Speculation throughout 2011 that federal policymakers would delay stage 2 of the Electronic Health Records Incentive Program ended in a pair of formal announcements by officials, who said providers would have an extra year to prepare for the next onslaught of meaningful use criteria. Providers and software developers welcomed the respite, but some wonder whether a delay would make the industry lose the IT momentum it's built up in the last two years.
The Centers for Medicare and Medicaid Services (CMS) emailed stakeholders in early December about the coming proposed extension to meaningful use stage 2 compliance deadlines for eligible providers and hospitals who signed up early for EHR incentives on the Medicare side. Providers who have already attested to stage 1 will now have until 2014 to begin the second stage, instead of trying to meet new criteria in 2013.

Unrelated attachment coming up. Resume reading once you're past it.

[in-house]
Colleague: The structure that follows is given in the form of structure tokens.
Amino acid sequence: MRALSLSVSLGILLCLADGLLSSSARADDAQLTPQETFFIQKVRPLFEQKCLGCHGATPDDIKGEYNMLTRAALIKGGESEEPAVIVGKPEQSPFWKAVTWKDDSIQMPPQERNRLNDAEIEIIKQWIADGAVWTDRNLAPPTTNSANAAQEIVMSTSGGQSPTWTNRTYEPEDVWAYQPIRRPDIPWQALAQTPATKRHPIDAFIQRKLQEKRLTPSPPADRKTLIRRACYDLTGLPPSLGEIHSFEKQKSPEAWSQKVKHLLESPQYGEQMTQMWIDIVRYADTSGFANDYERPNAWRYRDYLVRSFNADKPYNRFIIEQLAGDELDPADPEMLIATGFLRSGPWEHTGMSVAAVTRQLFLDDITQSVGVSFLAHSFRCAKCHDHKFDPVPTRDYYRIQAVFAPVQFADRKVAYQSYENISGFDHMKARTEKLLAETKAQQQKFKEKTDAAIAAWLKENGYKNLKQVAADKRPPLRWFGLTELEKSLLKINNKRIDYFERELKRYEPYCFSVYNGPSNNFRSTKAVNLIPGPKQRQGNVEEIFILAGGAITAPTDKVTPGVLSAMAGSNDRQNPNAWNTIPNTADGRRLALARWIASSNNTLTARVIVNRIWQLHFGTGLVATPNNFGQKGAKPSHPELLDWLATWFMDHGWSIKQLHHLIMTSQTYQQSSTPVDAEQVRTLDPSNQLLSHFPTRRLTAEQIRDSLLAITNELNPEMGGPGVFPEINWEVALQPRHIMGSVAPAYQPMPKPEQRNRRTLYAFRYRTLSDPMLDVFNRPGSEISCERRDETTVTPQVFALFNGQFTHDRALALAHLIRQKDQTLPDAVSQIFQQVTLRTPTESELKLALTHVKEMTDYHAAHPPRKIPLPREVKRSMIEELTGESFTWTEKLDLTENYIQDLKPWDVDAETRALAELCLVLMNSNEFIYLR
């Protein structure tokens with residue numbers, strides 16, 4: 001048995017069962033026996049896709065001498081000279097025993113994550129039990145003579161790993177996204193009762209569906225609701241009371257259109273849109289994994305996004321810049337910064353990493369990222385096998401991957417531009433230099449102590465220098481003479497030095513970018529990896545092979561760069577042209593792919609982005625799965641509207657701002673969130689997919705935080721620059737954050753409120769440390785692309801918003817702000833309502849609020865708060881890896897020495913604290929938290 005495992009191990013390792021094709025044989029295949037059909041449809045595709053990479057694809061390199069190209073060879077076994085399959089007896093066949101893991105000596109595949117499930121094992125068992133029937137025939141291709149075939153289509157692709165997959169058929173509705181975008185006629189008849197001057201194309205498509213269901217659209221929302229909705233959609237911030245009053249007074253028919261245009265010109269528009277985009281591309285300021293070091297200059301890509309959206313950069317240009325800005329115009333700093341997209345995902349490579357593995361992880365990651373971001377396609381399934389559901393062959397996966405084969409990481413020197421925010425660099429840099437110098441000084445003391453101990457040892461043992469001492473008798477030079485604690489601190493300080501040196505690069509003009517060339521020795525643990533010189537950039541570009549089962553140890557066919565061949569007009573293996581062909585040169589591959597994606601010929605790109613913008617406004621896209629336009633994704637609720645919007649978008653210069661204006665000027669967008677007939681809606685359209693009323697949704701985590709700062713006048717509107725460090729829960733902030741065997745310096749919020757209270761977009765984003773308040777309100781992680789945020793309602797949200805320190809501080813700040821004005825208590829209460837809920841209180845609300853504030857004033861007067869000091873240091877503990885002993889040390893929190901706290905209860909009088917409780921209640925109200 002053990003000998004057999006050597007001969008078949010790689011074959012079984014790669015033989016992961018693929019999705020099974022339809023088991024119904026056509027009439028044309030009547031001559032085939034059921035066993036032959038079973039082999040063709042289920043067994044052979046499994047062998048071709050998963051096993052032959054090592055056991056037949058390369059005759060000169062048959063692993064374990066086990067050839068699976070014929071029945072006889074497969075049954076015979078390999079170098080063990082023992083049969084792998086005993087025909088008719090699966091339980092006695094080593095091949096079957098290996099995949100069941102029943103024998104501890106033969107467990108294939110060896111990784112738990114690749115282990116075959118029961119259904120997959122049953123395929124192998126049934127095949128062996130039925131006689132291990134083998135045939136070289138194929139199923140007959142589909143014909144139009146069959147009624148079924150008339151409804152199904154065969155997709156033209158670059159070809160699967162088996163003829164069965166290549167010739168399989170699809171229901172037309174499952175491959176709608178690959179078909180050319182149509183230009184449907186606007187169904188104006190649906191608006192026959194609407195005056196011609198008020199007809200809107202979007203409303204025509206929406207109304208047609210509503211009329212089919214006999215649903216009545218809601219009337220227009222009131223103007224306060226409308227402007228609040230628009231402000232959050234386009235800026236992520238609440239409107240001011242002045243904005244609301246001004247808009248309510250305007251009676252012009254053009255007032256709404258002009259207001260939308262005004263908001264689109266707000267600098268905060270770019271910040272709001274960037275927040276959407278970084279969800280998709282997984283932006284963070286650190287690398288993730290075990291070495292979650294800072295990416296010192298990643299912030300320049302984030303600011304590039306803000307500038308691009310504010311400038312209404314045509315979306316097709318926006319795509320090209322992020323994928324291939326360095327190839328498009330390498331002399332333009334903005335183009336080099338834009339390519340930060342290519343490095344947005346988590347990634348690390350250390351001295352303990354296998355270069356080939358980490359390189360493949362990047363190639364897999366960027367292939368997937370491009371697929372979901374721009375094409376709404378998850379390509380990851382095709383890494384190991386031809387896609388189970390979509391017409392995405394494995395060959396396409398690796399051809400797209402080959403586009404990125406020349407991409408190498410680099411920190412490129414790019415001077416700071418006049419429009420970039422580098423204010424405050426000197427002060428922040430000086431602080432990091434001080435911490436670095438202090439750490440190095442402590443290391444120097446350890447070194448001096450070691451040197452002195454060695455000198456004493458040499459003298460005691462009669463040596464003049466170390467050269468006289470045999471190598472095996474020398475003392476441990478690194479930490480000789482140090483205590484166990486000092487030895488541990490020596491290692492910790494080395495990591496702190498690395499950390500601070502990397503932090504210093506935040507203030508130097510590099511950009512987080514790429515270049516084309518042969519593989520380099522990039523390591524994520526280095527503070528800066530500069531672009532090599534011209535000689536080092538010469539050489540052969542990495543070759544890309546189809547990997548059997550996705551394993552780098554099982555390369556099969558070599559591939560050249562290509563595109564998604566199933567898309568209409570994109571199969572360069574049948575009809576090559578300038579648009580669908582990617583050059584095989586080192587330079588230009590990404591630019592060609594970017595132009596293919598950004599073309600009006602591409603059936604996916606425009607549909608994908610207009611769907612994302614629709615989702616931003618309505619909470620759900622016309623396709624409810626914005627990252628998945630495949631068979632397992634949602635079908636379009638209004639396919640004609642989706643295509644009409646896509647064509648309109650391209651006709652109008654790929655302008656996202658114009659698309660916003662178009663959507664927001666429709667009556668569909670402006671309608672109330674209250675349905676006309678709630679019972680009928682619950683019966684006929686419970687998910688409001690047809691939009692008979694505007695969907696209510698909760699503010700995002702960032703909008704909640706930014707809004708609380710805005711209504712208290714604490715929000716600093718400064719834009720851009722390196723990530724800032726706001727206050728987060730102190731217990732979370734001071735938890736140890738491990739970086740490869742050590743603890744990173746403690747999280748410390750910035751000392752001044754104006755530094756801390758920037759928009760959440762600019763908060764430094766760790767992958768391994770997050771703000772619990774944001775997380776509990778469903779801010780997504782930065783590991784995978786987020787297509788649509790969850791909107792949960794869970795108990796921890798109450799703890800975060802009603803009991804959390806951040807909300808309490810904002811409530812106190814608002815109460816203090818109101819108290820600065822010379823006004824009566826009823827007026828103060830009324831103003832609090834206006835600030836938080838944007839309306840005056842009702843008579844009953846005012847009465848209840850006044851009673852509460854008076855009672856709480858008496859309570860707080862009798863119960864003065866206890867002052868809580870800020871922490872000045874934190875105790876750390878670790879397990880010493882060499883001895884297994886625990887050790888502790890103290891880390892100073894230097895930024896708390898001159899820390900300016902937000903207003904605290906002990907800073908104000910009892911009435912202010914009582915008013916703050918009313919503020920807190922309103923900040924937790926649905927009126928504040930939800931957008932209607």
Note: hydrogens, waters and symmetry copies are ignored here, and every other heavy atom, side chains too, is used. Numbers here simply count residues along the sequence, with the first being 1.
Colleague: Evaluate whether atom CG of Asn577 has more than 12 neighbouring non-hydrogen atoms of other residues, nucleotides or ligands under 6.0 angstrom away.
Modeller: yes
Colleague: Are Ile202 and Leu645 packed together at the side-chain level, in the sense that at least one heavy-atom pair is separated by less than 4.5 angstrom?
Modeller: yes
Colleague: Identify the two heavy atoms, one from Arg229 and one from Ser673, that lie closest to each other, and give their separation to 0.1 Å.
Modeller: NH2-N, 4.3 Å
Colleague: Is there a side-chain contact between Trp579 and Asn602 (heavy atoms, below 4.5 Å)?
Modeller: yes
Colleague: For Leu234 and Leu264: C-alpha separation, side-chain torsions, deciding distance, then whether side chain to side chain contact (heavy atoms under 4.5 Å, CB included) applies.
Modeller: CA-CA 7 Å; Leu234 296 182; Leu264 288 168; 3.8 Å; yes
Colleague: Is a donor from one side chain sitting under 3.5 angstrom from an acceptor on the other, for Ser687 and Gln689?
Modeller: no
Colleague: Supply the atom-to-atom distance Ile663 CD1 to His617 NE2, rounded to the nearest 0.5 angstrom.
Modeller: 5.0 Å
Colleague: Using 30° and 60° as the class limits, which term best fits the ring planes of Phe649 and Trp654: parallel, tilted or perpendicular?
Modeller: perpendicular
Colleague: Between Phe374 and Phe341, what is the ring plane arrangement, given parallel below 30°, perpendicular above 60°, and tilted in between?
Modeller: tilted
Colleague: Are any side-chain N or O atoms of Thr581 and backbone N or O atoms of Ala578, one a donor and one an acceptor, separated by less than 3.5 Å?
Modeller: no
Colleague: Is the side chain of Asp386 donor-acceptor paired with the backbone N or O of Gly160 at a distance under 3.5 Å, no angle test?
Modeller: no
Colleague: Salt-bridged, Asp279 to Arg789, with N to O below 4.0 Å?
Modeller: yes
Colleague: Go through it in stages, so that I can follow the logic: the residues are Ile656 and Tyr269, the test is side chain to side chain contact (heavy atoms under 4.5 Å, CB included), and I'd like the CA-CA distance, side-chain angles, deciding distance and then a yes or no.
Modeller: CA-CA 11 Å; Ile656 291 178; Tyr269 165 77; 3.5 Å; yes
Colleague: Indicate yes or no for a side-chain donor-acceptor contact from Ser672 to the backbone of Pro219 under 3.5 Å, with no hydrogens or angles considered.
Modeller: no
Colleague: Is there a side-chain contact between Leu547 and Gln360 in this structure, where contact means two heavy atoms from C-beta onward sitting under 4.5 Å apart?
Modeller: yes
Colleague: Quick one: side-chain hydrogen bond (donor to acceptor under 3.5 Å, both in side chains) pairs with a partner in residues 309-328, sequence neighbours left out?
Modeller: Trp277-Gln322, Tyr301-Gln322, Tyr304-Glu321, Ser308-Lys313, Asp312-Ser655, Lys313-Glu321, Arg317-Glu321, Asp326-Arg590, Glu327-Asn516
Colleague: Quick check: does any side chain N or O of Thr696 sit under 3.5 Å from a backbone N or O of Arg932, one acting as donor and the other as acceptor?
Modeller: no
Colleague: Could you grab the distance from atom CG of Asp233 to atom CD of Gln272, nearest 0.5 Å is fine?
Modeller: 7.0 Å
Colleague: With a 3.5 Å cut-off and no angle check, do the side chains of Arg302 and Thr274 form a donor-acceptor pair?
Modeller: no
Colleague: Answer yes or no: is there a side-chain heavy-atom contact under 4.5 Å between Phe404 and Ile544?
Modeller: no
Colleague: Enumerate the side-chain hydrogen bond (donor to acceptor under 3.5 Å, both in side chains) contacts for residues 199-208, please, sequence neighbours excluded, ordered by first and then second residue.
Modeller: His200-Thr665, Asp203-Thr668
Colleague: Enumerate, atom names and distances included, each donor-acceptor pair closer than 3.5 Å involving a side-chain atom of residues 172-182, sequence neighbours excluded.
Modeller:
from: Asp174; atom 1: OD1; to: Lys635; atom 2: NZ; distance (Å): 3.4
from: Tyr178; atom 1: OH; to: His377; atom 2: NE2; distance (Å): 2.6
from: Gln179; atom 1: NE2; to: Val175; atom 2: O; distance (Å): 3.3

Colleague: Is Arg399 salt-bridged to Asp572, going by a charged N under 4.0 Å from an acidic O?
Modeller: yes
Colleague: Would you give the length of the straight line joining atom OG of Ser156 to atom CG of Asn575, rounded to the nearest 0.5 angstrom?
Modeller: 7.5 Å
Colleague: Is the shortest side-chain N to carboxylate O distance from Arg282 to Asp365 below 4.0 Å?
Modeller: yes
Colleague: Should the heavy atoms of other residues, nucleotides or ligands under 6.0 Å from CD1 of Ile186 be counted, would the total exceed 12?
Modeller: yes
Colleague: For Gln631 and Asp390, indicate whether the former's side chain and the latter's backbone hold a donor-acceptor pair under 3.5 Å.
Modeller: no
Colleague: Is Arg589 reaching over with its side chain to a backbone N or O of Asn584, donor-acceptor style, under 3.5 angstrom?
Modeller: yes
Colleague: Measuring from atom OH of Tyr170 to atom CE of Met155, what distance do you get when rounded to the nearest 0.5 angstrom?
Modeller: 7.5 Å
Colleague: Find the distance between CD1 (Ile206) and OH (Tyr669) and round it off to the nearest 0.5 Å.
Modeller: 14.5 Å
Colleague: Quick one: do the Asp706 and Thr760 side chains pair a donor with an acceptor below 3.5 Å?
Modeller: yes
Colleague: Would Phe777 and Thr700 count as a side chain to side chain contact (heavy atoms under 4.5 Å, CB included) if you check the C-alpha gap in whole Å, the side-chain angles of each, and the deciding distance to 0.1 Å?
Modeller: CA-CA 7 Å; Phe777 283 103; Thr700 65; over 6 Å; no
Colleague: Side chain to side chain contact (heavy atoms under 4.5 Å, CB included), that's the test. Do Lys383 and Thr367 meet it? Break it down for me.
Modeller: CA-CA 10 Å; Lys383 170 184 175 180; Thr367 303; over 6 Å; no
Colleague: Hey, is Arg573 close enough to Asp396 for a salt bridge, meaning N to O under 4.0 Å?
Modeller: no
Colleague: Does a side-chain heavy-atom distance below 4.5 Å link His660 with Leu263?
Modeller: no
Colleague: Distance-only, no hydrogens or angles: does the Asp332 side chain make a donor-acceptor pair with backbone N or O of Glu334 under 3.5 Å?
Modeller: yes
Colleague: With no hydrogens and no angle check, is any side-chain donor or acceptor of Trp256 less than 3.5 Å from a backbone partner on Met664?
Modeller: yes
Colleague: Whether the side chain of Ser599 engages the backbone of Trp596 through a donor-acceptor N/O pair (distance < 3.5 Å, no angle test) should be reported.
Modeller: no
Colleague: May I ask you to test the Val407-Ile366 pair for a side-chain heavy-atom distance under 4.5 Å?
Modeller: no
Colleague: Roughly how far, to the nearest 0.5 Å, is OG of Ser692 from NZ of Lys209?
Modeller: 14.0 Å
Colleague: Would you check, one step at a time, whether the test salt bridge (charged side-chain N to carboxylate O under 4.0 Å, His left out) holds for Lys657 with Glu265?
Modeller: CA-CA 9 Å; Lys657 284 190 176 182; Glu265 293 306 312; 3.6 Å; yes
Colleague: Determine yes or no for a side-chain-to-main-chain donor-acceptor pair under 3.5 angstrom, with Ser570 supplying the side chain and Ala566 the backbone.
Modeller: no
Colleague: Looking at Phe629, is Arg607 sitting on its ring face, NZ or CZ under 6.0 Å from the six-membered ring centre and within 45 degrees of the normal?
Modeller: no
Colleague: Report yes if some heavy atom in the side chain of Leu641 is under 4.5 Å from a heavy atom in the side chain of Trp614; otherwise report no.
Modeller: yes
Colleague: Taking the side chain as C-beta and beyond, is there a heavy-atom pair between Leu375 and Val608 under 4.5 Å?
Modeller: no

The agency shed light on an earlier announcement released by the U.S. Department of Health and Human Services and said the extension -- which it will likely include with draft meaningful use stage 2 criteria in a Notice of Proposed Rulemaking due in February -- not only would give providers some breathing room for getting certified EHR systems hardwired into their care workflows, but would also add some time to software vendors' development and certification schedules.
"By delaying stage 2 by one year, vendors will be able to rewrite software, customers will be able to implement it, and real use will occur by Oct. 1, 2013," wrote John Halamka, M.D., Beth Israel Deaconess Medical Center CIO and vice chair of the ONC's Health IT Standards Committee, in an email to SearchHealthIT.com. "It will still be tight, but doable."
On top of that vendor development, there's implementing, upgrading and training, all of which would be difficult for doctors to accomplish without the delay, said Steven Waldren, M.D., director of the American Academy of Family Physicians' Center for Health IT. "The timing has always been an issue with meaningful use."
Vendors stretched thin in road to meaningful use stage 2